Ah the fair, I love the fair.  Workmen/women, visitors and residents across the island take time to visit and enjoy the fair.  Listen to the Blue Hills Strolling Brass Quintet, catch the new favorite event the antique lawn tractor pull, hear the booming sounds of pop music blasting over worn amusement speakers all across west tisbury, watch the shucking contest, check your entries and look for your friends names in the hall, I love the Ox pull event (Thursday at 11:30), Saturday night listen to some of our favorite island musicians, stroll through the fiber tent and talk and listen to people carrying on the traditions of spinning,  Woodsmans contest noon on Saturday, Visit the barn say hi to animals (will Fred have piglets there this year?) and stop and talk to all those old friends you only seem to see at the fair, enjoy it!

The Fair design this year is done by my cousin Morgan Taylor.  She is a graphic designer that has come home to the Vineyard after many years away, and now works with the Vineyard Gazette.  The cover of the Fair booklet, the poster and the shirts have a team of oxen hitched and pulling a dump wagon, standing in front of the Ag Hall.  She crafted this image after a photo of my great uncle Lenoard’s team and wagon.  He was a avid supporter of the fair and the Agricultural Society.  He showed animals and entered contests for decades.  He was a West Tisbury kid and adult, a dairyman for the then Vineyard Downs Dairy (among others) and currently known as Campbell and Douglas and even sooner to have a new name.  He was often seen tinkering with his antique cars and tractors at the antique power show, or at the family farmstead in Crow Hollow off  New Lane.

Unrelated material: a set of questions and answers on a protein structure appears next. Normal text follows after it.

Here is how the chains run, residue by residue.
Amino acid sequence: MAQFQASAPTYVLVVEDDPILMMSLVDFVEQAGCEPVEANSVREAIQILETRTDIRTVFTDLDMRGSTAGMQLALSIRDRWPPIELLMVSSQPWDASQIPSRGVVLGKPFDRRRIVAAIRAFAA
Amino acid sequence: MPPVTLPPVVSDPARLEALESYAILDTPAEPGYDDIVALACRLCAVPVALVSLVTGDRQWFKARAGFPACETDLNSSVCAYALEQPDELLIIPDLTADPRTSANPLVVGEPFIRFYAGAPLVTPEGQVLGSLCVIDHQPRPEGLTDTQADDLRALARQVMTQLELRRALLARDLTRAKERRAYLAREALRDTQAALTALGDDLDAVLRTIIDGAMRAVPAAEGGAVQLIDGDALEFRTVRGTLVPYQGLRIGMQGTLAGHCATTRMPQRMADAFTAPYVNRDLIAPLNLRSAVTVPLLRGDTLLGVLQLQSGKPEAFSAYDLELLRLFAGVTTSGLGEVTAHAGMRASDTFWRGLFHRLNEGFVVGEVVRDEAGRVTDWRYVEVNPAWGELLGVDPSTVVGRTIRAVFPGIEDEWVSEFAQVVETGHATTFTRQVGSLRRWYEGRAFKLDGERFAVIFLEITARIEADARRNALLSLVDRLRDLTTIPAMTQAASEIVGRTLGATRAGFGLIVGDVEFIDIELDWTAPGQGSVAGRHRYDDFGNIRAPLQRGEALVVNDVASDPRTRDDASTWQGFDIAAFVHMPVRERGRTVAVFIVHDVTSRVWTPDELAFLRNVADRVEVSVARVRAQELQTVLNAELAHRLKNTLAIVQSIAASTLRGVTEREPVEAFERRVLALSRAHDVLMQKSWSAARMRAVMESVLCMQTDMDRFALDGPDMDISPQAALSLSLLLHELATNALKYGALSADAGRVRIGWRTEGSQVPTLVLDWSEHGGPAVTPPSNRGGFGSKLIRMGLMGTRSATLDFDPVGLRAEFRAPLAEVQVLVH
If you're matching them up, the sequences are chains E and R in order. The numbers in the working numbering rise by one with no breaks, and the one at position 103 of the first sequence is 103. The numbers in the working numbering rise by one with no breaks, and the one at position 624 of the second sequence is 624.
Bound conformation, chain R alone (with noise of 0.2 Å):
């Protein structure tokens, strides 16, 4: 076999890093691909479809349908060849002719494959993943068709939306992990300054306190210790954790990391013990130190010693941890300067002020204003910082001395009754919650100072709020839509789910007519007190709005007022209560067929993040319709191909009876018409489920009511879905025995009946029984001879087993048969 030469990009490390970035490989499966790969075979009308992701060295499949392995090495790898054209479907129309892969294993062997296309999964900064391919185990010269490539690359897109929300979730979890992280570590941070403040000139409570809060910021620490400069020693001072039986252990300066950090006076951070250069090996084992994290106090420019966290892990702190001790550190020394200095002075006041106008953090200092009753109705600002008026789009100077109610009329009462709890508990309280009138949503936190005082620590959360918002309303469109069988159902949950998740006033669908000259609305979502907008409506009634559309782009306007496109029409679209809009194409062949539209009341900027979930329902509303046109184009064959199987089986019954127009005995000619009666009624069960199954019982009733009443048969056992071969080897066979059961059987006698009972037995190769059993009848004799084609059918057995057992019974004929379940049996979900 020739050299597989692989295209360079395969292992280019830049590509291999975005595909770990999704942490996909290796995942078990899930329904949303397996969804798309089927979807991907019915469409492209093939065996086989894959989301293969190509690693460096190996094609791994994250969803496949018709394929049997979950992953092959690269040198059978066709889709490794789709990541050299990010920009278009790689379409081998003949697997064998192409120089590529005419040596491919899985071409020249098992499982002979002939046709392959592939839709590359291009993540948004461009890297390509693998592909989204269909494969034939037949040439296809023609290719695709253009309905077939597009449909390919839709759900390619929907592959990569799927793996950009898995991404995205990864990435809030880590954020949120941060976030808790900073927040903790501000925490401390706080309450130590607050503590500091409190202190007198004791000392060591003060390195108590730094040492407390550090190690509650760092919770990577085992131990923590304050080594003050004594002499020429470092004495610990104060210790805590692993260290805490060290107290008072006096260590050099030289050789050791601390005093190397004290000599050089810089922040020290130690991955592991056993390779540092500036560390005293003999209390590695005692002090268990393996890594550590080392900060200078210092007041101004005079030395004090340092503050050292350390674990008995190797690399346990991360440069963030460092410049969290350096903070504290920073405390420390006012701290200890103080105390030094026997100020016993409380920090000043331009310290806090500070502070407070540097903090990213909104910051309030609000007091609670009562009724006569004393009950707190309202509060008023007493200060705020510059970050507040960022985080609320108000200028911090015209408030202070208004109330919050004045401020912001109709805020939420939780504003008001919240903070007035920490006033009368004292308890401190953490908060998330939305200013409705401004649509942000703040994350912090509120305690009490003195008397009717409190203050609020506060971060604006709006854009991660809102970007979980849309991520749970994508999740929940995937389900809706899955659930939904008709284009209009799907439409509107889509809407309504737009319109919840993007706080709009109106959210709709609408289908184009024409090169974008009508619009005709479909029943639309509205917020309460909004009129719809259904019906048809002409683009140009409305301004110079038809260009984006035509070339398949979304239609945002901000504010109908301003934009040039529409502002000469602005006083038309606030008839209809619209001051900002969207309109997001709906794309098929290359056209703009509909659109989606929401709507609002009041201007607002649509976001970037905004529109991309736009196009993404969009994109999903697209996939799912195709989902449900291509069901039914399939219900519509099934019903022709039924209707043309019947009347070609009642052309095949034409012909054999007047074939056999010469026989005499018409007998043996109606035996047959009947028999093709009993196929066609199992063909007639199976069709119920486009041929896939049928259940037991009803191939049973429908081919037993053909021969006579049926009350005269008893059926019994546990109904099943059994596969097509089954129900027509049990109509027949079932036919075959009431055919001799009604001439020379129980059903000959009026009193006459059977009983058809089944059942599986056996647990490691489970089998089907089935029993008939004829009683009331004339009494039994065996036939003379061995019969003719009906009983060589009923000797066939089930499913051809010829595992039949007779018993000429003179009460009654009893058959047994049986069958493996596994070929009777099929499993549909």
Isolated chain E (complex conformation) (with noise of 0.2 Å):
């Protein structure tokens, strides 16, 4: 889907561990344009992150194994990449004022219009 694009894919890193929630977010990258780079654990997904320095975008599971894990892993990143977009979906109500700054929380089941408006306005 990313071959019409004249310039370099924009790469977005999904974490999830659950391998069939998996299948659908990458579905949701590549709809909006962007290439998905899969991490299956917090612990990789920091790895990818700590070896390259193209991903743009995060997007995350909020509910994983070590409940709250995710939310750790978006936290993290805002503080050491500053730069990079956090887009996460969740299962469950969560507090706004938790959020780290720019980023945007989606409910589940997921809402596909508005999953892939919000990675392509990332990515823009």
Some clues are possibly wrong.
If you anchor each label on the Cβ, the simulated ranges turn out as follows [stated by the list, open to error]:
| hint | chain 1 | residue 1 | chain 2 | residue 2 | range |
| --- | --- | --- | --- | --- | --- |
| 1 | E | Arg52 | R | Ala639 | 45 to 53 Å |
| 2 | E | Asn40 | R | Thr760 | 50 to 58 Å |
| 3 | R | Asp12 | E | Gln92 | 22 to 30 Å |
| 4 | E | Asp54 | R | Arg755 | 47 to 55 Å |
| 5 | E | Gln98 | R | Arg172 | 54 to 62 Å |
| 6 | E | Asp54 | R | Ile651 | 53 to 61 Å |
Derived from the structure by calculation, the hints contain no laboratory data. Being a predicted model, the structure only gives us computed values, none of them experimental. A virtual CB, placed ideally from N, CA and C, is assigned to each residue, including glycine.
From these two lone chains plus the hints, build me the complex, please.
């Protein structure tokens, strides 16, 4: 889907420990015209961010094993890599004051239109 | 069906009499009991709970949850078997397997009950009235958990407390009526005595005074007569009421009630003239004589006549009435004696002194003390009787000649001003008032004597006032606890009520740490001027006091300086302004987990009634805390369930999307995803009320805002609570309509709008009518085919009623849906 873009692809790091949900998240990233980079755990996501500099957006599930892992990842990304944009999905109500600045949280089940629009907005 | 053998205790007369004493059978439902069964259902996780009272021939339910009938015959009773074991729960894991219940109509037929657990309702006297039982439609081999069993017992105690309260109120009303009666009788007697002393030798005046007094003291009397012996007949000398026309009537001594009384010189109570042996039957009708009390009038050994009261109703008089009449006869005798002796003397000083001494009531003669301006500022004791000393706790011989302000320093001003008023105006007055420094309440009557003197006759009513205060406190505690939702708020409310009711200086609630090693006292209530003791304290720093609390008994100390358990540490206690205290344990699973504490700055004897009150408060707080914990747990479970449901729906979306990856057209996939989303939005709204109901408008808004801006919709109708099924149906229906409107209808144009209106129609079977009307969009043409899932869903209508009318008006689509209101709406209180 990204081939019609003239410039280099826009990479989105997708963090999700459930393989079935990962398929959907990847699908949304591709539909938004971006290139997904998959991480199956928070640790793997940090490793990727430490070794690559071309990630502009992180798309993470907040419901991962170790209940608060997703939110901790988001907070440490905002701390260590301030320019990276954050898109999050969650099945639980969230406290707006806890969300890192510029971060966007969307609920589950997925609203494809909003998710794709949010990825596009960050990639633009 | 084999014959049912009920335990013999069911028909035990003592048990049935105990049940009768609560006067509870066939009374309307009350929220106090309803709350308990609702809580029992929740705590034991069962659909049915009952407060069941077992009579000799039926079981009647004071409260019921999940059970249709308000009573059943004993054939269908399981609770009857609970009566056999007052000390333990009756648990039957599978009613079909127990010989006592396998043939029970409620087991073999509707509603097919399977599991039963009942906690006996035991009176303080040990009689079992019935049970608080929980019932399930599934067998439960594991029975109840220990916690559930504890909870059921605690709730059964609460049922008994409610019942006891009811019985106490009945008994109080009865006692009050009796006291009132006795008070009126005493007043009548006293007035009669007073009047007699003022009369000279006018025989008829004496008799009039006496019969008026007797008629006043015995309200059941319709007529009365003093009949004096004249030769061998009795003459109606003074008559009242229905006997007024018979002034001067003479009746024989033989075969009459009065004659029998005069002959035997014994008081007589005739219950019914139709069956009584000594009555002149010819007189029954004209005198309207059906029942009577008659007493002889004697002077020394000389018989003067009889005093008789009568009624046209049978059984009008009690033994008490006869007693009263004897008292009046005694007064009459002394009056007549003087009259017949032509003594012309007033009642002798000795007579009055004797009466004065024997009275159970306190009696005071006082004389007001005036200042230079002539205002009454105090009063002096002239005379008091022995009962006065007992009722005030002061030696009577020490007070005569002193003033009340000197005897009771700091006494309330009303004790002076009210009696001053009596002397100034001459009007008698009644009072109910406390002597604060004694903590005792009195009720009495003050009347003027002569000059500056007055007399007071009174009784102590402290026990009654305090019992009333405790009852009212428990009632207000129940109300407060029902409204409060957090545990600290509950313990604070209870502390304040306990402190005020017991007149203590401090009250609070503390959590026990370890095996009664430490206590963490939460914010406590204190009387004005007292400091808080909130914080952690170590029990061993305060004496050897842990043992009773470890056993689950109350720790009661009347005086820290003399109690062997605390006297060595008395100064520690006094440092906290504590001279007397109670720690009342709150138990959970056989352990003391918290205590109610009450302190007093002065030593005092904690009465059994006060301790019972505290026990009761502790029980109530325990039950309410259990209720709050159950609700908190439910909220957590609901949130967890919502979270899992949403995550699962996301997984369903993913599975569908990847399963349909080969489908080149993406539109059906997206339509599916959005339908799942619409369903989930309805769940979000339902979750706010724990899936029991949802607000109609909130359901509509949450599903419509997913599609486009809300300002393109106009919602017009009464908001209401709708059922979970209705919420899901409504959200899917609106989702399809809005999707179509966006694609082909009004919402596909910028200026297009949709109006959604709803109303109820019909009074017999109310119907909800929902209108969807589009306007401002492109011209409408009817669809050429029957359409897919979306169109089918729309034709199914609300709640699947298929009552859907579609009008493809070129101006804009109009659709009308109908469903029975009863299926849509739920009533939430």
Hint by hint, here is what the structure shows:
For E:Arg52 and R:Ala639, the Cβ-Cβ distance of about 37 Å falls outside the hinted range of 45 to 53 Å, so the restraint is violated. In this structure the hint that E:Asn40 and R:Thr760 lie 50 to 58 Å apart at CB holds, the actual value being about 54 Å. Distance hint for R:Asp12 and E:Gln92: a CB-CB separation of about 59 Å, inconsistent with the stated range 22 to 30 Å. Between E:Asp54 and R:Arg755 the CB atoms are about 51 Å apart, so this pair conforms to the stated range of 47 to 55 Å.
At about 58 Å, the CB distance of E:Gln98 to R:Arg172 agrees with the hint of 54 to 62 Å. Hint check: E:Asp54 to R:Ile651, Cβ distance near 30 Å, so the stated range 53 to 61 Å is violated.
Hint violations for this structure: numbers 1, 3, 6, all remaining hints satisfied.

Our corn will be available this year at the fair!  Todd Debbencourt will be selling fresh Morning Glory Farm corn in his food booth this year.  Come by and have the taste of the season.  We will be picking for Todd every morning or even mid day to ensure you a fresh ear at the fair.  After a slow start our sweet corn in coming in strong now and will be available every day.

Come on down to the fair.   At the Fairgrounds in West Tisbury August 20, 21,22,&23 but you knew that already after all its the fair!

http://mvas.vineyard.net/    for the Martha’s Vineyard Agricultual Society’s web page.

Please I invite you to post comments on your favorite fair event, to suggest an event or one you have seen at another fair.  sj

Katama hay day

hay in katama

Hillary, Michael, Kelsey and a high quality alfalfa, clover and fescue mix in Katama

Jamm’in and pickl’n kitchen

jesse iskra with strawberry jam

Hi There,